Wednesday, March 3, 2010
Last week, another guy was laid off--another 50-something architect guy. It was Winston, with whom I worked with on a job interview as well as working on Pomme de Terre for a while. He had been working with Liz recently on some small collegiate projects (Liz, also of Pomme de Terre fame), so I asked her if he was laid off or leaving of his own accord. 'Twas the former, she said: "It seems like if you're not fully busy these days," she said, "you're gone. They're not waiting for the work to come back for you to do it, you're just...gone." She also noticed that every time someone is laid off, they're called into a conference room by a partner for whom they don't work. I'm asking my WAD readers: is that standard procedure? Wouldn't you rather be laid off by the people you actually work for? I would. I want them to look me in the eye. If there's a good reason to let me go, then look me in the eye and level with me. Not being the one to hand me my severance check and say "it's been great, nothing personal" when you're the one for whom I've worked for nearly ten years...that just seems chicken to me.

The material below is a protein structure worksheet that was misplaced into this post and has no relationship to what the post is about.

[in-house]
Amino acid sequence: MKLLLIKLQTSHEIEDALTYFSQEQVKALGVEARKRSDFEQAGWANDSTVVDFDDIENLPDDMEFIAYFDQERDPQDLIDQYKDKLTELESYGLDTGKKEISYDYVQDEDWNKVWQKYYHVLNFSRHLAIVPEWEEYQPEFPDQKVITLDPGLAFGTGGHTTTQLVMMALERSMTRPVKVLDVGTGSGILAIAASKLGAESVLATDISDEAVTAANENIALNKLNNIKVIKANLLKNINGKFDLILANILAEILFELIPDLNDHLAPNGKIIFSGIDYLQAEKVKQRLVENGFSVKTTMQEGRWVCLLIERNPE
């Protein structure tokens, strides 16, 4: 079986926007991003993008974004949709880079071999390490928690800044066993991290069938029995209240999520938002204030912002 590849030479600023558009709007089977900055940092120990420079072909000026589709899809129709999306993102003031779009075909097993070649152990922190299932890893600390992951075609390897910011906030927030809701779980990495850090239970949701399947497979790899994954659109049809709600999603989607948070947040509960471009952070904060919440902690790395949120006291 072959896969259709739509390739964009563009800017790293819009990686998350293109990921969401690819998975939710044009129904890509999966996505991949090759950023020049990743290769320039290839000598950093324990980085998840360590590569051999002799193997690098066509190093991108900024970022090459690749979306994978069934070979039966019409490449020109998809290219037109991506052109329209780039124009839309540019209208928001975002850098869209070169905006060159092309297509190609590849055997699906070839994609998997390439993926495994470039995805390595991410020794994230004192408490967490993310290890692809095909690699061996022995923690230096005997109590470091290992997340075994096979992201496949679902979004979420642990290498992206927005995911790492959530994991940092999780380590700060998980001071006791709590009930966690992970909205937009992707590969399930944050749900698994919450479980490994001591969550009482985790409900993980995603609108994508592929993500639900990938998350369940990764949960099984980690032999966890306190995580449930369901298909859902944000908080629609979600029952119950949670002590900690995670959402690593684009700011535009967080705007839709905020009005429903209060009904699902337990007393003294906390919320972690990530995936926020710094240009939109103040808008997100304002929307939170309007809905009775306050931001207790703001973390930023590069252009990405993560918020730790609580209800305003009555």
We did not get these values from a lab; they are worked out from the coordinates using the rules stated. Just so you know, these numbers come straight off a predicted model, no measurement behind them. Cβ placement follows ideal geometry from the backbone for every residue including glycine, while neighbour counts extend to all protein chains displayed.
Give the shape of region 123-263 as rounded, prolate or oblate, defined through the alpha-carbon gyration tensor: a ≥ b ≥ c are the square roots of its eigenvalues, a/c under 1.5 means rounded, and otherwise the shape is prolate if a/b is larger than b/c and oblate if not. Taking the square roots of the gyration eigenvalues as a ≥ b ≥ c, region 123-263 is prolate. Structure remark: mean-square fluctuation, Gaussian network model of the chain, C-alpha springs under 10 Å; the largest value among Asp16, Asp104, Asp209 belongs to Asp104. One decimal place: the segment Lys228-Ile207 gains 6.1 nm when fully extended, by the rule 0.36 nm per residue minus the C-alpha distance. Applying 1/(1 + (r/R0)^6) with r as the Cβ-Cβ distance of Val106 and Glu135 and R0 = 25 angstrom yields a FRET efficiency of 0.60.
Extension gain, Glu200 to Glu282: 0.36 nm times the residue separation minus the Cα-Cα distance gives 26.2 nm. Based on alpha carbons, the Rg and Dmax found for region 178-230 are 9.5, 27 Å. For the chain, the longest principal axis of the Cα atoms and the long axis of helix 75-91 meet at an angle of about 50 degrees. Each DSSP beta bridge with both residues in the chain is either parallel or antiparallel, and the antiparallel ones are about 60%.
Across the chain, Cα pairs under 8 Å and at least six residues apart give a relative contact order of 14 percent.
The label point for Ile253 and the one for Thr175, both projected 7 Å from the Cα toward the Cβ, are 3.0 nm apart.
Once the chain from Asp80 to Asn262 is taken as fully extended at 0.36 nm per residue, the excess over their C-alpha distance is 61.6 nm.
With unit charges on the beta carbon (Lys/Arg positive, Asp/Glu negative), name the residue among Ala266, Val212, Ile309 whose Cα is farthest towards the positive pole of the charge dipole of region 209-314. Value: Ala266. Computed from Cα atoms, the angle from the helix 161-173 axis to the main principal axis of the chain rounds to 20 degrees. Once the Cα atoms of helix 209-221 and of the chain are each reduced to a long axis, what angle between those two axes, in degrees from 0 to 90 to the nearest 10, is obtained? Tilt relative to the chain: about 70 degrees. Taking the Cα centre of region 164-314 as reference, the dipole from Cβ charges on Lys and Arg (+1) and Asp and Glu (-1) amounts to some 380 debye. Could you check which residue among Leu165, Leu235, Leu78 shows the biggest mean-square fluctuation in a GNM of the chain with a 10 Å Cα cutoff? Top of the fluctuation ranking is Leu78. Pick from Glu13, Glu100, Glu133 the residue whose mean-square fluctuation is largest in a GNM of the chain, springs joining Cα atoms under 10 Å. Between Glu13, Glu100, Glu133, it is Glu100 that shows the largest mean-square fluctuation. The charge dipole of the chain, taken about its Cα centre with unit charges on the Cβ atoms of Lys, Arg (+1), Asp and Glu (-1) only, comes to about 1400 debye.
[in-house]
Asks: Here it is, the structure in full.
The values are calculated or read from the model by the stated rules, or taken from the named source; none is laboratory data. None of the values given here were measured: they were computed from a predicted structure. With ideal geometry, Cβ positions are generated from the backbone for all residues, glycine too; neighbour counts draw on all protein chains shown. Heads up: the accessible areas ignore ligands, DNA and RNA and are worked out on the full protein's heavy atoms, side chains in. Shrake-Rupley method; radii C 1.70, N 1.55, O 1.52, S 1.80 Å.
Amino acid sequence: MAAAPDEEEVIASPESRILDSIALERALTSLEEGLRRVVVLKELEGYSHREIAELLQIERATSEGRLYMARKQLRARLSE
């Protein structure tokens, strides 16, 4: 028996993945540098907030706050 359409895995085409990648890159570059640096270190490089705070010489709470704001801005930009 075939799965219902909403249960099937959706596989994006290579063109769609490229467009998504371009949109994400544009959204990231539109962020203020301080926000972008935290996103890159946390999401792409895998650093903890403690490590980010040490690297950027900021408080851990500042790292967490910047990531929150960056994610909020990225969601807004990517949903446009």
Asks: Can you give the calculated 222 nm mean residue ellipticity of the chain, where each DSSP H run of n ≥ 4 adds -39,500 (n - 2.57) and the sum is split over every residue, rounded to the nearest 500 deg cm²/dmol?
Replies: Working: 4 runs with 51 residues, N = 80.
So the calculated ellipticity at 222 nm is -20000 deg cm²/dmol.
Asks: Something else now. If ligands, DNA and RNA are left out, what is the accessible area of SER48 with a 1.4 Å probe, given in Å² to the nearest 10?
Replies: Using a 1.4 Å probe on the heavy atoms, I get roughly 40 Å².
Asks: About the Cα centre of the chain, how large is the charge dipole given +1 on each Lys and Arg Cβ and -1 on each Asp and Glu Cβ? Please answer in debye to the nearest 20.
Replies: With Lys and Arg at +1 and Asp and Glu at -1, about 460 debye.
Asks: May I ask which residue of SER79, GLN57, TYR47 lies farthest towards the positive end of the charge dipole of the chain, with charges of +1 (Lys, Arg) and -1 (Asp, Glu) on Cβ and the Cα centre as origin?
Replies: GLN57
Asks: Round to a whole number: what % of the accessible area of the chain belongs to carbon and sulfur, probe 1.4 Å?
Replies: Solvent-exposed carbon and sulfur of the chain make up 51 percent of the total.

What I'm noticing myself is that the older employees seem to take getting laid off much better than younger staff. Younger staff are more bitter and leave without a word (or with a few choice angry words), while the older staff are the ones who send out the email to the office (or select folks in the office) that says "hey, it's been great to work with you all, take care and keep in touch." I suppose it's not surprising; older workers have likely been laid off before, so they're less likely to take personal offense to being let go, especially during a recession. If I become one of those people called into a conference room, I hope I can comport myself with grace. Design Associates is the only job I've had since grad school, so I really only have one source for references. Even if I'm furious, there's no place for being vindictive, especially since they've kept me for this long. If I get laid off at this point, it's pretty much not personal.